Academic associations

Gordon has been accredited by the New England Association of Schools and Colleges, Inc. (NEASC) since 1961.4 The music program is accredited by the National Association of Schools of Music (NASM) and the social work program is accredited by the Council on Social Work Education (CSWE). Its teacher education program is recognized by the Department of Education of the Commonwealth of Massachusetts under the Interstate Service Compact.5 Gordon is a member of the Annapolis Group and the Christian College Consortium. It is also a member of the Council for Christian Colleges and Universities (CCCU).


Jenks Library

Gordon College offers the BA, BM, BS, MAT, MEd, and MMEd degrees.5 It offers undergraduate degrees from 38 majors, 42 concentrations and 15 interdisciplinary and preprofessional minors.6 Gordon offers both a graduate degree in education and music. The Graduate Education program offers M.A.T., M.Ed., and C.A.G.S degrees. The Graduate Music program offers a M.M.Ed.degree, Licensure-only options, and workshops.7

Student life

There were a total of 2,109 student enrolled at Gordon College in 2013, of whom 1,707 were undergraduates.8

Student body and demographics

Frost Hall

A product of its Baptist heritage, Gordon now is a Christian multidenominational college. Students are required to sign the school's Statement of Faith,9 though the religious conclusions and commitments among students and faculty remain diverse. Students must also sign a Life and Conduct Statement agreeing to the standards of behavior that Gordon values. Gordon College prohibits alcohol, tobacco, and narcotic or hallucinogenic drugs on-campus10 and continues to uphold a dorm visitation policy that allows for male-female visitation only during particular hours.11 Chapel services are held on Mondays and Wednesdays, and an academic convocation takes place on Fridays; attendance of chapel, convocation or other events (lectures, debates, presentations, films, exhibitions, etc.) is required to graduate. All full-time students must obtain 30 "Christian Life and Worship Credits" per semester. This policy is strictly enforced. Students who do not meet the requirement for one semester will be placed on academic probation, and a second semester of non-compliance will result in suspension from the college.12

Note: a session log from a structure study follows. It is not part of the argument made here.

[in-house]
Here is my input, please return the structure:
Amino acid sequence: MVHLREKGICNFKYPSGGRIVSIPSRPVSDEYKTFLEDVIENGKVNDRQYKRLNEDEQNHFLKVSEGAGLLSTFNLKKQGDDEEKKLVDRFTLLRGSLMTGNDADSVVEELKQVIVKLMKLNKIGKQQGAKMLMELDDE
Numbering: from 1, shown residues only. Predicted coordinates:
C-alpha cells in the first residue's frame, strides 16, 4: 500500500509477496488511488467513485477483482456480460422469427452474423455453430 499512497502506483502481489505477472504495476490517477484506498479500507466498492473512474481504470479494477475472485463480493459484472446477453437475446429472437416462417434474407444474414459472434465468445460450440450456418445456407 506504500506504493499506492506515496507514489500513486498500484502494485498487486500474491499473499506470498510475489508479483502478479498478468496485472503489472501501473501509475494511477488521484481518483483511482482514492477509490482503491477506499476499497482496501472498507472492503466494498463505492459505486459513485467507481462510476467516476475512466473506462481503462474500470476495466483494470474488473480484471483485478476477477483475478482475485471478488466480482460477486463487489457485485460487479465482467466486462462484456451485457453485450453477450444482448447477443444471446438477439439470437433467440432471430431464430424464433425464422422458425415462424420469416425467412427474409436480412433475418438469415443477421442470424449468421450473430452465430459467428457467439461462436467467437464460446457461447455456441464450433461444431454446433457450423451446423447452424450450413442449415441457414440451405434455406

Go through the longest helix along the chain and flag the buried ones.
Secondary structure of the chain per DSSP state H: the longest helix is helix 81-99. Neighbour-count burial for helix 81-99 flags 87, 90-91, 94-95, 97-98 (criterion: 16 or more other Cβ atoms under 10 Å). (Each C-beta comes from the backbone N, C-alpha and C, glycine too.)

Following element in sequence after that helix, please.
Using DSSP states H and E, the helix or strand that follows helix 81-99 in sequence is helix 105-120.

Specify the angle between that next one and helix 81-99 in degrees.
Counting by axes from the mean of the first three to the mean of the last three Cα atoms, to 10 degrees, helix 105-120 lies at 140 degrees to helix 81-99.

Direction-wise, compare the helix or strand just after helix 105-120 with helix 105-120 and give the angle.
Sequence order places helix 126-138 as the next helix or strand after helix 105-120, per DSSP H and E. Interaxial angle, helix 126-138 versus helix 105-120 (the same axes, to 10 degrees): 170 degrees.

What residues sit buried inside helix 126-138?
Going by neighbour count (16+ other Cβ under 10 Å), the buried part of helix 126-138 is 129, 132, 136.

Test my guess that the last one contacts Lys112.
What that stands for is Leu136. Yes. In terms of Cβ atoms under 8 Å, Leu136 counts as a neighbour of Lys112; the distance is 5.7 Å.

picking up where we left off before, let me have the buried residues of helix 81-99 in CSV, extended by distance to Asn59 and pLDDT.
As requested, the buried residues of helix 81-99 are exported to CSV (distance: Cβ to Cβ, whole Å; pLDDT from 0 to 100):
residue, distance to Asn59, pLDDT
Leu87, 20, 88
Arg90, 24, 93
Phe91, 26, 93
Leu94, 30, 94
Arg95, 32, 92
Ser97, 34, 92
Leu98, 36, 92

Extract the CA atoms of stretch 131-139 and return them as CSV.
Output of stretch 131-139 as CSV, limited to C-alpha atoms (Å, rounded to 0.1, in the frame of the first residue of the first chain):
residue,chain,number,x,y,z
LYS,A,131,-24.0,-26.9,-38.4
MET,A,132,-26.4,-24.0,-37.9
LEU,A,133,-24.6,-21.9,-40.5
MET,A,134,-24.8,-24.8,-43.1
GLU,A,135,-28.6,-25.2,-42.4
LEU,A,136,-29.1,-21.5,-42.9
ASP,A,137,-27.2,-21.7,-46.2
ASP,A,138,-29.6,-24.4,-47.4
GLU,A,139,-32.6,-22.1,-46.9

In the fall of 2009, the College’s undergraduate enrollment of 1,583 was drawn from 39 states and 26 foreign countries. Approximately 14.3 percent of enrollment — including international students — were of Asian, African American, Hispanic, Native American, or other non-Caucasian descent.